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An image of Crucis by Carl Andre
Alternate image of Crucis by Carl Andre Alternate image of Crucis by Carl Andre Alternate image of Crucis by Carl Andre
Alternate image of Crucis by Carl Andre Alternate image of Crucis by Carl Andre

Carl Andre

(United States of America 16 Sep 1935 – )

Title
Crucis
Year
1981
Media categories
Sculpture, Installation
Materials used
hot-rolled steel
Dimensions

37 units: 1.0 x 30.0 x 30.0 cm each; 1.0 x 570.0 x 570.0 cm overall installed

Signature & date
Signed and dated l.l. Certificate of authenticity, black ink ".../ 1981/ @ [artist's monagram] carl andre".
Credit
Gift of the John Kaldor Family Collection 2011. Donated through the Australian Government's Cultural Gifts Program
Accession number
244.2011
Copyright
© Carl Andre. Licensed by Viscopy, Sydney
Location
Contemporary galleries
Further information

During the 1960s and 1970s, Carl Andre produced a number of sculptures which are now counted as among the most innovative of his generation. Along with figures such as Donald Judd, Sol LeWitt, Dan Flavin, Eva Hesse and Robert Morris, Andre played a central role in defining the nature of Minimal Art. His most significant contribution was to distance sculpture from processes of carving, modelling, or constructing, and to make works that simply involved sorting and placing. Before him, few had imagined that sculpture could consist of ordinary, factory-finished raw materials, arranged into straightforward configurations and set directly on the ground.

Andre nearly always works in a grid, with the dimensions of his finished works determined by multiples of a basic module – such as a brick, metal plate or house beam. The shape of each work depends entirely on the number and configuration of modules. The works are often laid out on the floor like carpet and can in fact be walked on. Although not site-specific, the works emphasise and respond to the planes of the space they occupy. While the minimalist use of industrial materials on a grand scale is often regarded as overtly masculine and assertive, Andre’s work, in contrast, is modest and quietly poetic.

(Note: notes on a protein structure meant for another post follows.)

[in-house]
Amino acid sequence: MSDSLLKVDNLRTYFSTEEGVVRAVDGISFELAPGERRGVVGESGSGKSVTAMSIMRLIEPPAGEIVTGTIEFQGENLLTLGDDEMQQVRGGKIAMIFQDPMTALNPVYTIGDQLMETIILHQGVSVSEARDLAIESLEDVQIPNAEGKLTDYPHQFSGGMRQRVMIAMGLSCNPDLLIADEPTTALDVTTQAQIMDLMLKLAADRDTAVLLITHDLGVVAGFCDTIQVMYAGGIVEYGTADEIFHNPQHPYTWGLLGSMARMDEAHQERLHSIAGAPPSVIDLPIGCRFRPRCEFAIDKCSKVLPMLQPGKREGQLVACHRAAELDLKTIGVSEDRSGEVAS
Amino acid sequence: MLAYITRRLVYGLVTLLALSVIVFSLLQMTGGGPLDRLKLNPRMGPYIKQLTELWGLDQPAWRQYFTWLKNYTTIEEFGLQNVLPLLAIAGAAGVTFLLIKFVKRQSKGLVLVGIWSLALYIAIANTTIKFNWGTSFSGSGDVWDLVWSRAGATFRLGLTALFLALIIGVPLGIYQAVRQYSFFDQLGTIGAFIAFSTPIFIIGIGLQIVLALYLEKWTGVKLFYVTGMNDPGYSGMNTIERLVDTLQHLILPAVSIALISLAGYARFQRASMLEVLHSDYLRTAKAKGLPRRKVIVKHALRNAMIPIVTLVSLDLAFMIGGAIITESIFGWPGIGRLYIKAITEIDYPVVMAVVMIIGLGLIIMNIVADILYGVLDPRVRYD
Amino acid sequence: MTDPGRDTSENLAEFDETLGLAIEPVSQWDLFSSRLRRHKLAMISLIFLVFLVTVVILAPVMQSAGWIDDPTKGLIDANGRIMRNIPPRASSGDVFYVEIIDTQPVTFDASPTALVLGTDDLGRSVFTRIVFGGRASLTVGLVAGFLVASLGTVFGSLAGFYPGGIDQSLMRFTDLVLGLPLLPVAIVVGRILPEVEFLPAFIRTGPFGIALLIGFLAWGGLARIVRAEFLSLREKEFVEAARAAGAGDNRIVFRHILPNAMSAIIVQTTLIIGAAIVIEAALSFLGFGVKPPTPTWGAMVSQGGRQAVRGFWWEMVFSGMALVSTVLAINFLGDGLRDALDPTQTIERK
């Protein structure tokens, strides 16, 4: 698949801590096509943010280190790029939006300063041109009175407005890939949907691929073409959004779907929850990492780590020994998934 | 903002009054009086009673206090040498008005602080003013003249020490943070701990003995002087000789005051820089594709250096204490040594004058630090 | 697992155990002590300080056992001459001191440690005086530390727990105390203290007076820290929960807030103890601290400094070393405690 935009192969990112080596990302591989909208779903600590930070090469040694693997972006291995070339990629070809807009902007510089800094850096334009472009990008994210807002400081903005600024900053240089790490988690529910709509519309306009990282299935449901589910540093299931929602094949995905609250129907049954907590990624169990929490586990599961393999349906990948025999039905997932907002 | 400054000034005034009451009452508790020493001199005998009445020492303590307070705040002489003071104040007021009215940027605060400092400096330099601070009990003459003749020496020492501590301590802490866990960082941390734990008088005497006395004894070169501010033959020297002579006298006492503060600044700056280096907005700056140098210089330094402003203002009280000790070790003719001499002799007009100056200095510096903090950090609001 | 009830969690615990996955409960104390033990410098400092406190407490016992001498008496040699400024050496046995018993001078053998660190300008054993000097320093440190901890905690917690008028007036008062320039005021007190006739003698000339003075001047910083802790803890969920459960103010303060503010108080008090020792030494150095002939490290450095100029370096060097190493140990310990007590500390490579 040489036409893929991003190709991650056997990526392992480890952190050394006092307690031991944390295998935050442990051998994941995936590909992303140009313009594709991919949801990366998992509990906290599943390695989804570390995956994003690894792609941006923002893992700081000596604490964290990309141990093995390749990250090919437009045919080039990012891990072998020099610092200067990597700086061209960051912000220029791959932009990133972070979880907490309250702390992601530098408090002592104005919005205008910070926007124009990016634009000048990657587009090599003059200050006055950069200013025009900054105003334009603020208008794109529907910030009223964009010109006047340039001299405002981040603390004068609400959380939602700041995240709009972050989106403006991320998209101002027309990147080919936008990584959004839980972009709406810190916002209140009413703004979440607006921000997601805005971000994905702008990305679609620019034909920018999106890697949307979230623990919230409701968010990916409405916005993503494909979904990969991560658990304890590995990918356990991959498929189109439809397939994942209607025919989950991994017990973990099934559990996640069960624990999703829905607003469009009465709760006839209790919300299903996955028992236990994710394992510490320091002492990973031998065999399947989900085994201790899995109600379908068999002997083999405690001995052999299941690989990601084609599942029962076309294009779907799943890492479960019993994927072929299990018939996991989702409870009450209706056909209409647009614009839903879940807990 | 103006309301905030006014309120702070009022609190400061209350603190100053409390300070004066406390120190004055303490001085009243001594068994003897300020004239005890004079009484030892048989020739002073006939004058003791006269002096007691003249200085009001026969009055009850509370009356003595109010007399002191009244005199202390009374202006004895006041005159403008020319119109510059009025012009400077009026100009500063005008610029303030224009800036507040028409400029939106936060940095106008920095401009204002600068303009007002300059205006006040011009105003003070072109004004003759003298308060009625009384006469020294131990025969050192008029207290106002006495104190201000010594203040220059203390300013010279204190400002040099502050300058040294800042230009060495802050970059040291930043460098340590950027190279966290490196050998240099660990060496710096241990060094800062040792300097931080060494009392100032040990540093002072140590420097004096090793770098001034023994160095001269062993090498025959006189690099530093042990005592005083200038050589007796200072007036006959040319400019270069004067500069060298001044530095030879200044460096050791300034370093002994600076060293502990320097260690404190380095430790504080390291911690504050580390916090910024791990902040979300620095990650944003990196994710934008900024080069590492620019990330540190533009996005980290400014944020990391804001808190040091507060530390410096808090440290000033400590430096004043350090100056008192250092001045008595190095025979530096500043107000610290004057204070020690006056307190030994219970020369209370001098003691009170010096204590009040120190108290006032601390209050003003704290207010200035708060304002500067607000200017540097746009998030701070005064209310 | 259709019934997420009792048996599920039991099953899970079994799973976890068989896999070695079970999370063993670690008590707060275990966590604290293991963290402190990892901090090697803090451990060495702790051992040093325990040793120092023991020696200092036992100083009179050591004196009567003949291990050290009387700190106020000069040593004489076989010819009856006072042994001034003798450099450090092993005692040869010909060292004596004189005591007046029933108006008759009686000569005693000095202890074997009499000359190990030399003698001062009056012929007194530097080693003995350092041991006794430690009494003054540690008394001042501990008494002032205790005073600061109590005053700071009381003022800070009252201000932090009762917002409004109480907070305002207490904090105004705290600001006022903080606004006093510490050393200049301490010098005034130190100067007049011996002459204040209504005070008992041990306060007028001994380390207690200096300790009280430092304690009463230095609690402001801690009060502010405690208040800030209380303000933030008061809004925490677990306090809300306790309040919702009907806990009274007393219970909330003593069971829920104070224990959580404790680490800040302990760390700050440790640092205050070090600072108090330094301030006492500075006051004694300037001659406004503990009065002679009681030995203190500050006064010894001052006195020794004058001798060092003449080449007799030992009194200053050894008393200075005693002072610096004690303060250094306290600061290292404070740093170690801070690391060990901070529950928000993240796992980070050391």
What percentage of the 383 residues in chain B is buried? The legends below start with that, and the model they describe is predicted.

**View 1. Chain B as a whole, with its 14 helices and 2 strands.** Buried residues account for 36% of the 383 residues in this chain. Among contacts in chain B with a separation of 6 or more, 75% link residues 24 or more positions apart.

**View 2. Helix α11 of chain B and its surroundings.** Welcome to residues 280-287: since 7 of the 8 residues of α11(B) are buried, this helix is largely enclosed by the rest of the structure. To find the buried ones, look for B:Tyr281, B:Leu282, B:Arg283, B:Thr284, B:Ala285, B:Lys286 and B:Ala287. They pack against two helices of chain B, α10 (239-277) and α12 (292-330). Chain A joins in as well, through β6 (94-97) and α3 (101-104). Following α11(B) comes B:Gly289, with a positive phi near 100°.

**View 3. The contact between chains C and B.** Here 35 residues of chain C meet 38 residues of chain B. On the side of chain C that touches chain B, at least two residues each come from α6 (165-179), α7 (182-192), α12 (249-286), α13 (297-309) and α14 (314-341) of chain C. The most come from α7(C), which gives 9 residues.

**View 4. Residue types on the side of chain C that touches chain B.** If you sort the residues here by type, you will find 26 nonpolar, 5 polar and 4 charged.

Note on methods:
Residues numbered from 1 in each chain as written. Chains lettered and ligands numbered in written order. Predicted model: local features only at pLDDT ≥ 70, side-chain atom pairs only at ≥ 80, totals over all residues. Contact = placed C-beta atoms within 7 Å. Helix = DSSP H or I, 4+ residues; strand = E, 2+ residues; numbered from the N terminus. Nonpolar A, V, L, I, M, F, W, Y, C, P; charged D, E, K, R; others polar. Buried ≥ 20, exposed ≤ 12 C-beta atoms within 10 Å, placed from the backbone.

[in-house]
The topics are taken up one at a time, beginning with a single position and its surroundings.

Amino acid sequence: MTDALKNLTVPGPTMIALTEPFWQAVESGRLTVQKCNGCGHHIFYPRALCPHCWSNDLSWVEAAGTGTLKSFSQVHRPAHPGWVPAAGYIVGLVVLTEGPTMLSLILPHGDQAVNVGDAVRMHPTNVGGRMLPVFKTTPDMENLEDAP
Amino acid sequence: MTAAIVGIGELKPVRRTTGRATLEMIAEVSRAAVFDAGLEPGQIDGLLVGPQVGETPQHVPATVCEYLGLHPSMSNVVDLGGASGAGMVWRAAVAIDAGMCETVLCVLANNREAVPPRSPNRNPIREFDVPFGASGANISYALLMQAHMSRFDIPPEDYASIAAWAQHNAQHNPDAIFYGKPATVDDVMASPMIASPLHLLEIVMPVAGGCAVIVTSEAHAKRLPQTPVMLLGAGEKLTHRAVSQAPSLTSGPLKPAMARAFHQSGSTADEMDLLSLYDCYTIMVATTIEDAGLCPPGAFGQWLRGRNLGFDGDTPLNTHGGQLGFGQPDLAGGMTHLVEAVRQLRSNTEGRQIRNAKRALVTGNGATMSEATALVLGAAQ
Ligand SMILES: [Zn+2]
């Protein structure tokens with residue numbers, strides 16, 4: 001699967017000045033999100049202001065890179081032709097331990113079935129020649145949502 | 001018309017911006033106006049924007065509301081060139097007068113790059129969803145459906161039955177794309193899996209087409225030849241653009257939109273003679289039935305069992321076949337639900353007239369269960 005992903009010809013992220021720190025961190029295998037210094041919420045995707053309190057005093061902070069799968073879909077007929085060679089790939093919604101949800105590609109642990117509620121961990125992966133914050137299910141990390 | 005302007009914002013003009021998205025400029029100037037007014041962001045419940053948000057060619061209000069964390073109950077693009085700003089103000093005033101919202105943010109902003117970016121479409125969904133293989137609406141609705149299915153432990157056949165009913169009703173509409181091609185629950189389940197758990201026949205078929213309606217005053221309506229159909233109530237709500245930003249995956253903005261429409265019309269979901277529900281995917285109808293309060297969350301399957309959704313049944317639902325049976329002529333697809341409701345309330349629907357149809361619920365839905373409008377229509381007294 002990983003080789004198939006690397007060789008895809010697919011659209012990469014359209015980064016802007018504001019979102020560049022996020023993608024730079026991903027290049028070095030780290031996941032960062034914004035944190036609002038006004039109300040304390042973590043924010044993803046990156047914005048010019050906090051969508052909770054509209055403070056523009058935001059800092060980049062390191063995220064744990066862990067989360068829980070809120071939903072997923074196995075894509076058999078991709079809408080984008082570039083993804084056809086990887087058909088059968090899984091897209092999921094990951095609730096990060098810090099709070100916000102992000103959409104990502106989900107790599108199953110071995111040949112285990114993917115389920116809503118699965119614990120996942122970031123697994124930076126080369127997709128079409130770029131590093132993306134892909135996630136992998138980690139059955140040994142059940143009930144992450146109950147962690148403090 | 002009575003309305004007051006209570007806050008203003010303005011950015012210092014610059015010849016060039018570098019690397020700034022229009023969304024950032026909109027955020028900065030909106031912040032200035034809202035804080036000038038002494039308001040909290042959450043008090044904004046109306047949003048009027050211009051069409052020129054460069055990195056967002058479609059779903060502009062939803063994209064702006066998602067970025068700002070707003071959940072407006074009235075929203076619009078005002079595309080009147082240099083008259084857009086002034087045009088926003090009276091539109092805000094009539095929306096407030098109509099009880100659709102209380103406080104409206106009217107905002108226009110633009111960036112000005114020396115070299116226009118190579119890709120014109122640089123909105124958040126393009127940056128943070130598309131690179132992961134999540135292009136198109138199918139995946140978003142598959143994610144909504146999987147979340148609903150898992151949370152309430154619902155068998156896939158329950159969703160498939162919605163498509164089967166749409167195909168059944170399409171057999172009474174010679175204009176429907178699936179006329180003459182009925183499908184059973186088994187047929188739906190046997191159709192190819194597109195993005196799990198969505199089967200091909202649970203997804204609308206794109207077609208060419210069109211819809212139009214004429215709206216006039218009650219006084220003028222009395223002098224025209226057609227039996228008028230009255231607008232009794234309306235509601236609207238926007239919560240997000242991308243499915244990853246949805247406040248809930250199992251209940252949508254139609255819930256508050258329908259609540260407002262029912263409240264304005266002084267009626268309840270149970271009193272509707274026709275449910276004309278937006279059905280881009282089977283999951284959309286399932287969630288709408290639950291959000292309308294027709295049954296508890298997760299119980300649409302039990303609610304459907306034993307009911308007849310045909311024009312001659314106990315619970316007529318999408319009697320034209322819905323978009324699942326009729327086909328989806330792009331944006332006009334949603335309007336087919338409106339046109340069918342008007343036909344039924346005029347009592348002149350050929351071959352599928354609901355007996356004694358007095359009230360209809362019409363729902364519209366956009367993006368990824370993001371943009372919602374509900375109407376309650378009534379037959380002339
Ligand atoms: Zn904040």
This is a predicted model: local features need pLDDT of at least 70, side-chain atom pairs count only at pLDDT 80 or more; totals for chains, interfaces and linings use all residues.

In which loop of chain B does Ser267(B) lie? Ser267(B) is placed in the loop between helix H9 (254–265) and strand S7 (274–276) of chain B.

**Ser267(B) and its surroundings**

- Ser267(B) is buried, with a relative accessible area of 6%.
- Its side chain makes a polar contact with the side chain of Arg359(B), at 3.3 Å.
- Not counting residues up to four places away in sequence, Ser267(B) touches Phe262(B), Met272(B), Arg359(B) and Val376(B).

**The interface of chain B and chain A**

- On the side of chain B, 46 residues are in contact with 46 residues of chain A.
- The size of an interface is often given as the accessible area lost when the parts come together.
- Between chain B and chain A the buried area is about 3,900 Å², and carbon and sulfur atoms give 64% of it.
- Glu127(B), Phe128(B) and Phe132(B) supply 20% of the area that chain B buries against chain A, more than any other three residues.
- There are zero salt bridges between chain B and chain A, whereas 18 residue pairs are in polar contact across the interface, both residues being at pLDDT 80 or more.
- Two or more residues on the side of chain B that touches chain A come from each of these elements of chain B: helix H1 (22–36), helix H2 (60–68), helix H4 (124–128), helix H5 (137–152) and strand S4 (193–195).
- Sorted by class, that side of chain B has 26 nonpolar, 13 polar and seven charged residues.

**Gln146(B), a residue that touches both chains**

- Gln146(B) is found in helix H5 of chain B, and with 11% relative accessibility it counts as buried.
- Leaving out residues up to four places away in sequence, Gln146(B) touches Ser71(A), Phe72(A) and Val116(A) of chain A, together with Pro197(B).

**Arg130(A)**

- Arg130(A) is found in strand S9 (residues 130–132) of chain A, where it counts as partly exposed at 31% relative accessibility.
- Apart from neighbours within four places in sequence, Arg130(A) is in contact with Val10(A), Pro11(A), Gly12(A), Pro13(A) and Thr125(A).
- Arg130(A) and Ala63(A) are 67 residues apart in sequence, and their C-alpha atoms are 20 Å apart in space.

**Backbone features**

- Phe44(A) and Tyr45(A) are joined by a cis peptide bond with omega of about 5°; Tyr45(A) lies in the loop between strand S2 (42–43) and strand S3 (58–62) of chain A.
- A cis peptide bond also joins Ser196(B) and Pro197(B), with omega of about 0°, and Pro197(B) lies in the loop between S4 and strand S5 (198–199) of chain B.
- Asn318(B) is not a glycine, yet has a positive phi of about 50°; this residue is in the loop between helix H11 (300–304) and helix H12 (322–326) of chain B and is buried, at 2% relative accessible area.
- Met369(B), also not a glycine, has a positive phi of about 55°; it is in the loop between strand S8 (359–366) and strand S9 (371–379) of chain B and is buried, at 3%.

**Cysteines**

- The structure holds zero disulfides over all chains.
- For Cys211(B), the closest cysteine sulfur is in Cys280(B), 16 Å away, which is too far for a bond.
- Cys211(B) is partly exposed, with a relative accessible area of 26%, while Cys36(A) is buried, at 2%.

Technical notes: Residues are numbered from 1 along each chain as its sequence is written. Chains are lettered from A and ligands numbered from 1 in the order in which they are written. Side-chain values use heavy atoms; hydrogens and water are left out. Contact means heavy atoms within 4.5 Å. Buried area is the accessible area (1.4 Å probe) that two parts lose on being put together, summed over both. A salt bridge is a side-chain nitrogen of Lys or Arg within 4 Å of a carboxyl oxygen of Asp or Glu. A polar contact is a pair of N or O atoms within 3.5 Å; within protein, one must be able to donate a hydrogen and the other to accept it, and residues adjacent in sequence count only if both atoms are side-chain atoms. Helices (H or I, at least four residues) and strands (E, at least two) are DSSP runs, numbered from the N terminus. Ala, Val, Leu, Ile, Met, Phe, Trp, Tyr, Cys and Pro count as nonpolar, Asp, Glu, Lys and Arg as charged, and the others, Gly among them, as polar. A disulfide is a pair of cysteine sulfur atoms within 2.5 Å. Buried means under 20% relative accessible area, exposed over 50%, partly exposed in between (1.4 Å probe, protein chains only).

Bibliography (4)

Nicholas Baume, From Christo and Jeanne-Claude to Jeff Koons: John Kaldor art projects and collection, Sydney, 1995, 82.

Anthony Bond, John Kaldor family collection: Art Gallery of New South Wales, 'The minimal edge, Frank Stella, Carl Andre, Donald Judd', pg.78-99, Sydney, 2011, 81 (colour illus.), 94-95 (colour illus.). illustration on page 81 is a detail

Sue Cramer (Curator), Less is more: minimal + post-minimal art in Australia, Bulleen, 2012, 8-9 (colour illus.).

Haags Gemeentemuseum, Den Haag and Stedelijk Van Abbemuseum, Carl Andre, The Hague, 1987, 138. cat.no.12

Exhibition history (4)

Carl andre: new sculpture, Anthony d'Offay Gallery, England, 28 Jan 1981–05 Mar 1981

Carl Andre, Haags Gemeentemuseum, Den Haag, The Hague, 11 Jan 1987–01 Mar 1987

From Christo and Jeanne-Claude to Jeff Koons: John Kaldor art projects and collection, Museum of Contemporary Art, Australia, 12 Dec 1995–17 Mar 1996

Less is more: Minimal and Post-Minimal art in Australia, Heide Museum of Modern Art, Melbourne, 03 Aug 2012–04 Nov 2012